6 Ways to Control Your Future Credit Score

6 Ways to Control Your Future Credit Score

The information recorded in your credit report can make or break your next loan or credit card application. Taking a little time to examine and dispute your credit report errors can not only strengthen your acceptance odds, but you can also discover some surprising ways to save money and increase your credit score.

In fact, roughly one in four Americans have an error on their credit report, which means there is plenty of examining to do.

Lenders check your credit report when you fill out an application for financial products, such as credit cards and loans, in addition to apartments. The information in your credit report helps lenders to judge your ability to repay debt. If there is incorrect information in your credit report, this can jeopardize your acceptance rate and affect the conditions you get.

In this article, we’ll take a look at a few ways you can control your future credit score, and how SmartCredit can help.

Ways to Control Your Future Score

 1.Request Your Credit Reports

The first step is to understand where you stand. The Fair Credit Reporting Act allows consumers to receive one free credit report each year from each of the three major credit reporting agencies, and you can make this easier using SmartCredit.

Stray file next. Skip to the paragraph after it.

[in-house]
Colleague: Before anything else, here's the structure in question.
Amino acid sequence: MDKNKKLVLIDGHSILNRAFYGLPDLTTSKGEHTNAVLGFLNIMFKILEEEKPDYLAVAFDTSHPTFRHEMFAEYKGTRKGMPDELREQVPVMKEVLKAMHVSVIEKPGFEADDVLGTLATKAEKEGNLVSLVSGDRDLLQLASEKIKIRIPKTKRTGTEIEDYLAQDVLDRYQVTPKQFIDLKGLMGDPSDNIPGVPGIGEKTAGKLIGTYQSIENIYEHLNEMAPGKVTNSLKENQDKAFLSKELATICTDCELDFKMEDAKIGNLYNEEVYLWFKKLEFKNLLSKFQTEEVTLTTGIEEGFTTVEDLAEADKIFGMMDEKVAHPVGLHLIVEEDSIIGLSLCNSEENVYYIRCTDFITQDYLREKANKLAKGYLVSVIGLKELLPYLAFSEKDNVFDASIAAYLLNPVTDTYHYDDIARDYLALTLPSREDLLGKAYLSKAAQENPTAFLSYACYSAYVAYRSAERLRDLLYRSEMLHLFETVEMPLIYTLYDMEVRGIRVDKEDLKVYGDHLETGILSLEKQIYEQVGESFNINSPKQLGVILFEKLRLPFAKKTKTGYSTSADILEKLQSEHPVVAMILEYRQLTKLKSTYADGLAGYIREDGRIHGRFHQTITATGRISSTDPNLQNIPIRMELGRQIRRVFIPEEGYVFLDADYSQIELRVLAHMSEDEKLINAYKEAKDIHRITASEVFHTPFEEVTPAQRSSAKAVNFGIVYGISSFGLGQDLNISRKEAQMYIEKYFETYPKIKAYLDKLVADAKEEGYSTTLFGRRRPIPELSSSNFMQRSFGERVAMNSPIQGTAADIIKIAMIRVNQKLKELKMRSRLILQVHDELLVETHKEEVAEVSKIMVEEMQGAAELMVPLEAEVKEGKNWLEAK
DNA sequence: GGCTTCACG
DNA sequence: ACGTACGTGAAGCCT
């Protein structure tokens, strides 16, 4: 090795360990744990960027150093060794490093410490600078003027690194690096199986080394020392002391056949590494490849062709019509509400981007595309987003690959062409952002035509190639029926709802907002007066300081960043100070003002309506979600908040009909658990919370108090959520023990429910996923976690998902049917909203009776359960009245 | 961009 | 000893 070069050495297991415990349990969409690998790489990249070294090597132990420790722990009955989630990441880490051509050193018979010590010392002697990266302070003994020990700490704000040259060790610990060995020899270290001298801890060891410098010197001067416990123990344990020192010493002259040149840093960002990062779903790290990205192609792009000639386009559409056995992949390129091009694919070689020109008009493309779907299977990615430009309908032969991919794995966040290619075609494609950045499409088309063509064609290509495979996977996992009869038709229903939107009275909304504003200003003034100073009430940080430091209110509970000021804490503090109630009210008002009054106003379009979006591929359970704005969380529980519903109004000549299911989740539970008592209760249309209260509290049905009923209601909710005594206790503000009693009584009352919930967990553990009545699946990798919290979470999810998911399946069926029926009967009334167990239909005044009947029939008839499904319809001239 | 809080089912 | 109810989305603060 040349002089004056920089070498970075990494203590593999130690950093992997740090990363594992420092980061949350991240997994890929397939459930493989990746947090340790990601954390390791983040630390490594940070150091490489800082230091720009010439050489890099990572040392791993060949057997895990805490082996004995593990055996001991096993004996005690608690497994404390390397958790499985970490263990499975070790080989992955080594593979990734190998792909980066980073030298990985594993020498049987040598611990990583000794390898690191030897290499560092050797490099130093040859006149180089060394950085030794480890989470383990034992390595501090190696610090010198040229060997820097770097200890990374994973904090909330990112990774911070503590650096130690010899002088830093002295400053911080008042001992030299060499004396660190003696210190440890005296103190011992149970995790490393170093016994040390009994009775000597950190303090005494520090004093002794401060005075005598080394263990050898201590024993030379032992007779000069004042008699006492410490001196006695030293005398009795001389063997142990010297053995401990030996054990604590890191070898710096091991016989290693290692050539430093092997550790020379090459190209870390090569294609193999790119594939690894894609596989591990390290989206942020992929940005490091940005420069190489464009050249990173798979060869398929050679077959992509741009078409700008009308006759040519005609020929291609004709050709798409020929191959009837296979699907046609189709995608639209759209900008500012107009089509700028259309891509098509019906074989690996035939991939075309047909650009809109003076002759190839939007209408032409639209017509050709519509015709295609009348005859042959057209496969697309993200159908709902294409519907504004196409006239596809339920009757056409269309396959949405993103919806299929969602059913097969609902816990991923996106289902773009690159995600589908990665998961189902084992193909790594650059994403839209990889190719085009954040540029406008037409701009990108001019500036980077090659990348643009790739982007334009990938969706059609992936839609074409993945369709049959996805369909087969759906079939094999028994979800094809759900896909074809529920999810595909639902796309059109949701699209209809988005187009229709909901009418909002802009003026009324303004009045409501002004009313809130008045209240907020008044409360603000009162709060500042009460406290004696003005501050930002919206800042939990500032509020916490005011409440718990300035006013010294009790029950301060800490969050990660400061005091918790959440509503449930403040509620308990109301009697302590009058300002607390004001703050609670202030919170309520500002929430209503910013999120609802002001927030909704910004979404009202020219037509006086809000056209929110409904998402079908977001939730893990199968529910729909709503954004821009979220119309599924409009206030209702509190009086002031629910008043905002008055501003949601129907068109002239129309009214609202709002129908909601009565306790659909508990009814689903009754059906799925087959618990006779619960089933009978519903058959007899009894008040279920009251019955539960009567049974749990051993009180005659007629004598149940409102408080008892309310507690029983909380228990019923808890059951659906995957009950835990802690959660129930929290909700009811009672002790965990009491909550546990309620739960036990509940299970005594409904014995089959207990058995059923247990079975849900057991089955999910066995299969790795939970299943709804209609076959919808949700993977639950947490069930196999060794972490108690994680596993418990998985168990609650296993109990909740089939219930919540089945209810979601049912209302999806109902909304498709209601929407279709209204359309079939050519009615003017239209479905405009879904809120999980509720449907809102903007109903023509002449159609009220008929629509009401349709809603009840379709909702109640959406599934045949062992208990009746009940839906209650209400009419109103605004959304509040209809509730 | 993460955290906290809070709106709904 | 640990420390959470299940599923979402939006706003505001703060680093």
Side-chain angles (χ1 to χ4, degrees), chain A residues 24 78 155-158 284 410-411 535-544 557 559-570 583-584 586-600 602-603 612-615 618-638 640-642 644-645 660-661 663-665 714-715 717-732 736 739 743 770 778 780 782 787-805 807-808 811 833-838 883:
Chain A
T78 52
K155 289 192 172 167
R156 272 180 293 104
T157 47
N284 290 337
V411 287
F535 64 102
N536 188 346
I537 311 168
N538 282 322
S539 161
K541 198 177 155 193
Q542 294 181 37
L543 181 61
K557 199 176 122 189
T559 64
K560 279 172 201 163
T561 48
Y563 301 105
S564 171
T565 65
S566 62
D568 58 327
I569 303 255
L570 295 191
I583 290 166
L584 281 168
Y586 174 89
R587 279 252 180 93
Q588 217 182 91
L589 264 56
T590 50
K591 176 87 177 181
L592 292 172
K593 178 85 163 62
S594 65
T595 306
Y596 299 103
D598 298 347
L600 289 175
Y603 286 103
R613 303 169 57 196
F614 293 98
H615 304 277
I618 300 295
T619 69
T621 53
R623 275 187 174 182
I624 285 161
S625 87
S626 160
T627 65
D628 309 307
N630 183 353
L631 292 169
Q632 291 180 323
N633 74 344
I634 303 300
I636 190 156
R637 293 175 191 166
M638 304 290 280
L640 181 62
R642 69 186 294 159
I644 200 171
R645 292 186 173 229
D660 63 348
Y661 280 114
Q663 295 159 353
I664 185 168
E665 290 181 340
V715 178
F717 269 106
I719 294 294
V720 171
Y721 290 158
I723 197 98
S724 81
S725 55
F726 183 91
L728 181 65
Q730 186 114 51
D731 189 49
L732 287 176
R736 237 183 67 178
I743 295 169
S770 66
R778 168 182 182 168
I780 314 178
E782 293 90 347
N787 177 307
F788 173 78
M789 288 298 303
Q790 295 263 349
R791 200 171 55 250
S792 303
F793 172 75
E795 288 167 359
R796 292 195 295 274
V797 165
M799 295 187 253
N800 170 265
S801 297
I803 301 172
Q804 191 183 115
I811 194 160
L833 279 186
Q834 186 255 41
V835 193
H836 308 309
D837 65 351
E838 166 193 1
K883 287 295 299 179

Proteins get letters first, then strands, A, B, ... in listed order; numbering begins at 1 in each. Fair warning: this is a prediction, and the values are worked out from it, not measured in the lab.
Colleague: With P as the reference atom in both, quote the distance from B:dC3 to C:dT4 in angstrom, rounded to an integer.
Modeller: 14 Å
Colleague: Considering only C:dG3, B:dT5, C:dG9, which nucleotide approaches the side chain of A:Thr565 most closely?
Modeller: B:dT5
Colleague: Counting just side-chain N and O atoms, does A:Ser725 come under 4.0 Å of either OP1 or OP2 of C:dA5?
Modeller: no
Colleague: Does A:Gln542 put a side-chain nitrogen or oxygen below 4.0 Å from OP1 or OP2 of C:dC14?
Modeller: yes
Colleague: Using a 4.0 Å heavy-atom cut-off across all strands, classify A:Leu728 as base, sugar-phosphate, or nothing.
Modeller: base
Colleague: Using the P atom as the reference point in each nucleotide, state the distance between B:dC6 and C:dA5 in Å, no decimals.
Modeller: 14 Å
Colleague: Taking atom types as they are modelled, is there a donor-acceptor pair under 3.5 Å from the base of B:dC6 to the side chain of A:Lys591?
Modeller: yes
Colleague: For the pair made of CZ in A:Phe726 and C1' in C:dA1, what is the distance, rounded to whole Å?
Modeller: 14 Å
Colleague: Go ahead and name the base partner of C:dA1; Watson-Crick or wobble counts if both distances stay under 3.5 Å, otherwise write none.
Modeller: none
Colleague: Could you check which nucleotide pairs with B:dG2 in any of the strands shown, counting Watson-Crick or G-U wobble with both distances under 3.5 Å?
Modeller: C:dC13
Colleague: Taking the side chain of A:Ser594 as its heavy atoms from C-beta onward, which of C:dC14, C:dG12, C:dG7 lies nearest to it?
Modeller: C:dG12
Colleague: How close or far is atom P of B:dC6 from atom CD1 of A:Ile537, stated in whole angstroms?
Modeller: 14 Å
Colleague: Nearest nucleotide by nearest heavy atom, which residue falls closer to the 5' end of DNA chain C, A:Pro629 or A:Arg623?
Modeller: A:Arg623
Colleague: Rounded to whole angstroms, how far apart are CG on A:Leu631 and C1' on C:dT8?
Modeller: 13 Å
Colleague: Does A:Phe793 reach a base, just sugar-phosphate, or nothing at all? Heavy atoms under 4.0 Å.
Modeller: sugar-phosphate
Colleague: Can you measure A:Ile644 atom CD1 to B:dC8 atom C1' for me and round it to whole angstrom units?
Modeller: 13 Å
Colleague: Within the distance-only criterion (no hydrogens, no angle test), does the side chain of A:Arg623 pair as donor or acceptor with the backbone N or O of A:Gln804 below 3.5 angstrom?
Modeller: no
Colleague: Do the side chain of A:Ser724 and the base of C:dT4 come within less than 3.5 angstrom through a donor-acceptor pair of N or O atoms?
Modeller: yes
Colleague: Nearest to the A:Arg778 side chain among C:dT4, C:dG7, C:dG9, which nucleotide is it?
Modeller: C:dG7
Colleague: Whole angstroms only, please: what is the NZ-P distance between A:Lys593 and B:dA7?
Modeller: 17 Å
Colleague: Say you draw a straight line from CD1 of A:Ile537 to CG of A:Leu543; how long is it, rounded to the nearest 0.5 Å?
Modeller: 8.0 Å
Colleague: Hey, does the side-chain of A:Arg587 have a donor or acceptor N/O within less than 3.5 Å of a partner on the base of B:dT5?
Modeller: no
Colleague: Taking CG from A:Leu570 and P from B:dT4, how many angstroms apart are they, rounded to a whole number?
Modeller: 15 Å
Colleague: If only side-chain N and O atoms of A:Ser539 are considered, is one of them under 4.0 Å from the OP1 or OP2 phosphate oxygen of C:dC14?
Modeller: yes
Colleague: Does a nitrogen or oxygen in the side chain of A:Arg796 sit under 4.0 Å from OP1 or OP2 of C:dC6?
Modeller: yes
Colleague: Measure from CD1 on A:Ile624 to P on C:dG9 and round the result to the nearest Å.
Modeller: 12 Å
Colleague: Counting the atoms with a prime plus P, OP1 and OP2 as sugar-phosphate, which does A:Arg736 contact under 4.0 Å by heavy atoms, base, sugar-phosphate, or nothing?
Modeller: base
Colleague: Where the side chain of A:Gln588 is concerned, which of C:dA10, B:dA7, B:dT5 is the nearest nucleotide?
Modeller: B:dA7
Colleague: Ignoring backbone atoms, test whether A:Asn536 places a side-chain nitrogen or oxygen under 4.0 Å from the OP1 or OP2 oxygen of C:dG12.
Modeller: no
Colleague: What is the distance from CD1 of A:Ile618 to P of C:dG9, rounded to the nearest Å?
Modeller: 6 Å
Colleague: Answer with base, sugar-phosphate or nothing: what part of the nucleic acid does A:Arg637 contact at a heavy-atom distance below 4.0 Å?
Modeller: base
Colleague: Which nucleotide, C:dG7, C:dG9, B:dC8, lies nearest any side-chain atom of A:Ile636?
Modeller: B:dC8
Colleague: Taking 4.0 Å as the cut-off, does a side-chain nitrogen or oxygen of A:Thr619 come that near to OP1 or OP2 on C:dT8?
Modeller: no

If you rotate through the agencies throughout the year, you could receive a free credit report once every four months, ensuring you are aware of any mistakes, errors, or issues that you will need to resolve in a timely manner.

2.Review Your Credit Reports

Once you request your credit reports, review each one thoroughly, and verify that the information listed is accurate. When reviewing your credit report, keep an eye out for the following factors:

  • Personal information (i.e., the name and address listed in your accounts)
  • Account Information (i.e., accounts, credit limit, payment history, and current status; active, inactive or closed)
  • Bankruptcy and Collection Data (i.e., accounts that are marked past due for more than 30 days and sent to a collection agency)

While it may be tedious work, especially if you have an extensive credit history, it is crucial to assess your credit report thoroughly every time you request it.

Be sure to check loan statuses, account balances, payment history, recent credit inquiries, and anything else for complete accuracy. Even small errors like a wrong address or an incorrect birthdate could be a warning sign for identity theft.

3. Dispute Credit Report Errors

If you encounter any errors on your credit report, initiate a credit report dispute as soon as possible. You can initiate the dispute directly with the credit bureaus.  

Additionally, when filing a dispute, be sure to include any supporting documentation that supports your claim.

If the dispute results are in your favor, the credit agency must report the error to the other two credit bureaus. However, you might also wish to send notice to the other two bureaus to cover your bases.